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See detailSpectral mapping of the FUV Jovian aurora and electron energy distribution
Gérard, Jean-Claude ULiege; Bonfond, Bertrand ULiege; Grodent, Denis ULiege et al

Conference (2014, September)

Observations have been made with the Hubble Space Telescope in the timetag mode using the STIS long slit. During the 40 min of the observations, the slit spatially scanned the polar regions to build ... [more ▼]

Observations have been made with the Hubble Space Telescope in the timetag mode using the STIS long slit. During the 40 min of the observations, the slit spatially scanned the polar regions to build spectral maps of the jovian aurora. The emission is composed of the HI Lyman-alpha line and the H2 Lyman and Werner bands. The shorter wavelengths are partly absorbed by the methane layer overlying the bulk of the auroral emission. Since the CH4 absorption cross section drastically drops above 140 nm, the longer wavelengths are not absorbed and the intensity directly reflects the precipitated energy flux carried by the electrons. Maps of the intensity ratio of the two spectral regions will be presented, together with the associated auroral electron energy. These values will be compared with those expected from current magnetosphere-ionosphere model. They will provide input into 3-D modeling of the auroral heat source into the high-latitude Jovian upper atmosphere. [less ▲]

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See detailSaturn’s elusive nightside polar arc
Radioti, Aikaterini ULiege; Grodent, Denis ULiege; Gérard, Jean-Claude ULiege et al

in Geophysical Research Letters (2014)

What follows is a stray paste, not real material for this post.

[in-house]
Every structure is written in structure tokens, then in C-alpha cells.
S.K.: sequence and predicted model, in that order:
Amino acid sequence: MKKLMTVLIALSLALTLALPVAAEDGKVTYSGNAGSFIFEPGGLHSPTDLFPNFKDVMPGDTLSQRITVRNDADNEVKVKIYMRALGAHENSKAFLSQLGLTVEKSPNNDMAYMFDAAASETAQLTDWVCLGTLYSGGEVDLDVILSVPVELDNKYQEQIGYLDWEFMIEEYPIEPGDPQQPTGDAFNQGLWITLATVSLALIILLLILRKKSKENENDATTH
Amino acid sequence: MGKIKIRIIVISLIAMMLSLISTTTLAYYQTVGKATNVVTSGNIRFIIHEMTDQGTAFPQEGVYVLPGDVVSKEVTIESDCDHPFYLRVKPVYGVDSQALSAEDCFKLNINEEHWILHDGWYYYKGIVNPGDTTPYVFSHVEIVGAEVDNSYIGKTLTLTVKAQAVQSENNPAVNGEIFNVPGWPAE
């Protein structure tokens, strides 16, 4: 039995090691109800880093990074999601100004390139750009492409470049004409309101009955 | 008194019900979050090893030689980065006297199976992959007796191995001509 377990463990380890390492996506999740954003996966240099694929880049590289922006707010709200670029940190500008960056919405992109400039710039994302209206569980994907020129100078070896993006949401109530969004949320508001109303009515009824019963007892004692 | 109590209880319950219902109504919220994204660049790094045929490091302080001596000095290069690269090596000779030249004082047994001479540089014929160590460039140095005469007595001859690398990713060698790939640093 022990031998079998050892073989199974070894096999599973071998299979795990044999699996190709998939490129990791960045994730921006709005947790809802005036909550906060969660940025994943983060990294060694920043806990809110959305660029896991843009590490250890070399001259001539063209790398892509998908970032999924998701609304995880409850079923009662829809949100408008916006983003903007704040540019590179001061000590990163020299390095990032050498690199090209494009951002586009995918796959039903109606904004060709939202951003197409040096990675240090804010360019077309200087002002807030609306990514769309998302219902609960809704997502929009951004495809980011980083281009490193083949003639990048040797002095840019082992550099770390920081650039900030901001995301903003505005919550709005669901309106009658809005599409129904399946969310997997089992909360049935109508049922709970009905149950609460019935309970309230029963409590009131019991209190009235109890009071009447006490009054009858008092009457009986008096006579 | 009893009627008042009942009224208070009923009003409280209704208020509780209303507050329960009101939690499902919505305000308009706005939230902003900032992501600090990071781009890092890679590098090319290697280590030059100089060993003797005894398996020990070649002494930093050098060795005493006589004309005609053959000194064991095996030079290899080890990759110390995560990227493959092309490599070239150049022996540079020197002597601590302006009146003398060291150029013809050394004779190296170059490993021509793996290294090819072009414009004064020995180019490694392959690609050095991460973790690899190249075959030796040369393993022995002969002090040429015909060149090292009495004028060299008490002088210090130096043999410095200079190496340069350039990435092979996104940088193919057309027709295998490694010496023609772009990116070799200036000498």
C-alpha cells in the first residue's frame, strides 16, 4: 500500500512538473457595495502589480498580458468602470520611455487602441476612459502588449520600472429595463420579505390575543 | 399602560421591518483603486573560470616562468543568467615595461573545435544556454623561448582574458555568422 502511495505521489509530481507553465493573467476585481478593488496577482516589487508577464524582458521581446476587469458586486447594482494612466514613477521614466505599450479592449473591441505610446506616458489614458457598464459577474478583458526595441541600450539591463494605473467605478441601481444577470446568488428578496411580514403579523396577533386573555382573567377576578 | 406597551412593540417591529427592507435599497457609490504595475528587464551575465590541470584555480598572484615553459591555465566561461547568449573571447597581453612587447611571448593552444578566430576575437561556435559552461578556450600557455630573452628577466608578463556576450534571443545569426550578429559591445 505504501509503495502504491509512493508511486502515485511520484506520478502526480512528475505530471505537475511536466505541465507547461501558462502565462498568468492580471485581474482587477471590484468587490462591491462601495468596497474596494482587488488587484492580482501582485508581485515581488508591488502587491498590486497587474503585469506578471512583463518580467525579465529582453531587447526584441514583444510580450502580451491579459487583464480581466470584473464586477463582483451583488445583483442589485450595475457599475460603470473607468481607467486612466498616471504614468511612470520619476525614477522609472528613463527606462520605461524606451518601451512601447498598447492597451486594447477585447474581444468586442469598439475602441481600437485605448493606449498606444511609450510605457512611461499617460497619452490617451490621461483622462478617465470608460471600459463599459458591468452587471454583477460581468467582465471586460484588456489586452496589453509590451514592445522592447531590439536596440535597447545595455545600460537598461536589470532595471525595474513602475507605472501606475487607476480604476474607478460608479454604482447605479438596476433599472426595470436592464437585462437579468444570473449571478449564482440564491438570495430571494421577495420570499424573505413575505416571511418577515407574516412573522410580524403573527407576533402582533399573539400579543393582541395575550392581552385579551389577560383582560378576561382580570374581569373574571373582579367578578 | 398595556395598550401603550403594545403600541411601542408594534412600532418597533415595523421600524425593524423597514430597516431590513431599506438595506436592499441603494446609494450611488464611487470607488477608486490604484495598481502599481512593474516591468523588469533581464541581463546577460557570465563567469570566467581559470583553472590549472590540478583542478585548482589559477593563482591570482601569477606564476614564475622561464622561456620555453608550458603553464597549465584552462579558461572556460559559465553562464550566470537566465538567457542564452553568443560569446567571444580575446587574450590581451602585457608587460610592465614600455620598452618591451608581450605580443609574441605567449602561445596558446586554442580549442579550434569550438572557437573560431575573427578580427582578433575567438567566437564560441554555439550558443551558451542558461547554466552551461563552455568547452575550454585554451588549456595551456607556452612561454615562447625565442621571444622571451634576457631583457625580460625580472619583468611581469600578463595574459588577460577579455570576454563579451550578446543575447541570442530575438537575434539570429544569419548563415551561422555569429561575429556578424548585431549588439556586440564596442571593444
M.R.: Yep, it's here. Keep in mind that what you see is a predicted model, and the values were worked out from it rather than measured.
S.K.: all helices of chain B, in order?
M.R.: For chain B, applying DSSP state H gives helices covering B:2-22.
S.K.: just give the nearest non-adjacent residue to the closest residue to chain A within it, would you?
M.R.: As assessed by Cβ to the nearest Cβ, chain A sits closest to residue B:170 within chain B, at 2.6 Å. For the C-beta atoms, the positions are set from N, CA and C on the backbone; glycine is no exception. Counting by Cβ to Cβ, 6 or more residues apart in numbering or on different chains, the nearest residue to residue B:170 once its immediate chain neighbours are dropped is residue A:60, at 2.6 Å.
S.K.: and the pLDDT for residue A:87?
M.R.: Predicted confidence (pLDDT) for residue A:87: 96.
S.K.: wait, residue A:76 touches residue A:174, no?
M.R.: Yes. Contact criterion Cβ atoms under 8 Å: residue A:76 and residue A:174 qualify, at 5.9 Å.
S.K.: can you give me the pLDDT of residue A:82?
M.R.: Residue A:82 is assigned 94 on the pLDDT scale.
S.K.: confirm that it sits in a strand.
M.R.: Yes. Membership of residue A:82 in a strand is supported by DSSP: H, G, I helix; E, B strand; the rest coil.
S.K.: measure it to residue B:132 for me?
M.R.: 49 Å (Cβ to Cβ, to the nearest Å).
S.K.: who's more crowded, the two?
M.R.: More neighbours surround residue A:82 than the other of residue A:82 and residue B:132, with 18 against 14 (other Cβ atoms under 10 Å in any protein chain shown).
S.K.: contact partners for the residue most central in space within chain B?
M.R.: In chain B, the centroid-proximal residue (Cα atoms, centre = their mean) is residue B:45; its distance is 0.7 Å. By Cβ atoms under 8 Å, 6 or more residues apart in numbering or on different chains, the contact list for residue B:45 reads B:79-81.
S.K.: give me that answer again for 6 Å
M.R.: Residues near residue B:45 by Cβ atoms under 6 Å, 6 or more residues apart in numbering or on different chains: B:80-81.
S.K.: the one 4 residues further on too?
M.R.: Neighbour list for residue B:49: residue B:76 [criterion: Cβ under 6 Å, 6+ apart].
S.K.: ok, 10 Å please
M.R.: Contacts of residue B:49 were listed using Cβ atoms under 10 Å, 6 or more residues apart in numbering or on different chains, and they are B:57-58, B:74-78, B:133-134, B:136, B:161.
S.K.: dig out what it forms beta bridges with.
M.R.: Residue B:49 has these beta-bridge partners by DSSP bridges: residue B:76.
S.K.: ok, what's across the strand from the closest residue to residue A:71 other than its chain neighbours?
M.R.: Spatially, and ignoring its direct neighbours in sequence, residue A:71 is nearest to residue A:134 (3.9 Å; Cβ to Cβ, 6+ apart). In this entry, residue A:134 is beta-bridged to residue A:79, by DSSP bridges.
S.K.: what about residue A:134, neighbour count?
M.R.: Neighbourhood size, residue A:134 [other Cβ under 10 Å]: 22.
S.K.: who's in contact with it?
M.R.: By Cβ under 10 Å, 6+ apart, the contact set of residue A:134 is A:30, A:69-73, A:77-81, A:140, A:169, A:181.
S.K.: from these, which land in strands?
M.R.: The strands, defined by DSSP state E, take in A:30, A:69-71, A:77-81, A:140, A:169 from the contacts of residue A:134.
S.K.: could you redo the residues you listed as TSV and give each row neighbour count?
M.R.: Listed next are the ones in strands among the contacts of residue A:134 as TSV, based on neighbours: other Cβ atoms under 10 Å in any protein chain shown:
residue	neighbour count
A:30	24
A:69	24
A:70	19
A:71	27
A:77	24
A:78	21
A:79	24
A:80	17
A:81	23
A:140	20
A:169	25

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See detailMars dayside temperature from airglow limb profiles : comparison with in situ measurements and models
Gérard, Jean-Claude ULiege; Stiepen, Arnaud ULiege; Bougher, S. et al

Conference (2014, August 06)

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See detailCassini Ultraviolet Images of Saturn's Aurorae
Pryor, Wayne; Jouchoux, Alain; Esposito, Larry et al

Scientific conference (2014, August 04)

Cassini has been obtaining auroral images and spectra of Saturn with the Ultraviolet Imaging Spectrograph (UVIS). We will present highlights of the auroral images, showing a variety of morphologies ... [more ▼]

Cassini has been obtaining auroral images and spectra of Saturn with the Ultraviolet Imaging Spectrograph (UVIS). We will present highlights of the auroral images, showing a variety of morphologies, including multiple arcs, spiral forms, polar cusp activity, and rotating emission features, some of them pulsating with a roughly 1-hour period. A satellite footprint of Enceladus is occasionally visible. [less ▲]

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See detailTerrestrial OH nightglow measurements during the Rosetta flyby
Migliorini, A.; Gérard, Jean-Claude ULiege; Soret, Lauriane ULiege et al

Conference (2014, August)

During the Rosetta travel to the comet P67, the VIRTIS instrument on board the spacecraft acquired unique images of the Earth in the 1.0-5.1 μm simultaneously. These allowed to investigate the nightglow ... [more ▼]

During the Rosetta travel to the comet P67, the VIRTIS instrument on board the spacecraft acquired unique images of the Earth in the 1.0-5.1 μm simultaneously. These allowed to investigate the nightglow observed spectrum and infer the relative OH populations of levels from 1 to 9. The values are reported in the table. The results are in good agreement with the model from GRANADA code (Kaufmann et al., 2008) for the conditions of a midlatitude night atmosphere. [less ▲]

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See detailThe Martian aurora: Spectral and spatial characteristics
Gérard, Jean-Claude ULiege; Libert, Ludivine ULiege; Stiepen, Arnaud ULiege

Conference (2014, July 05)

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See detailDiurnal thermosphere scale height from MEX/SPICAM grazing limb data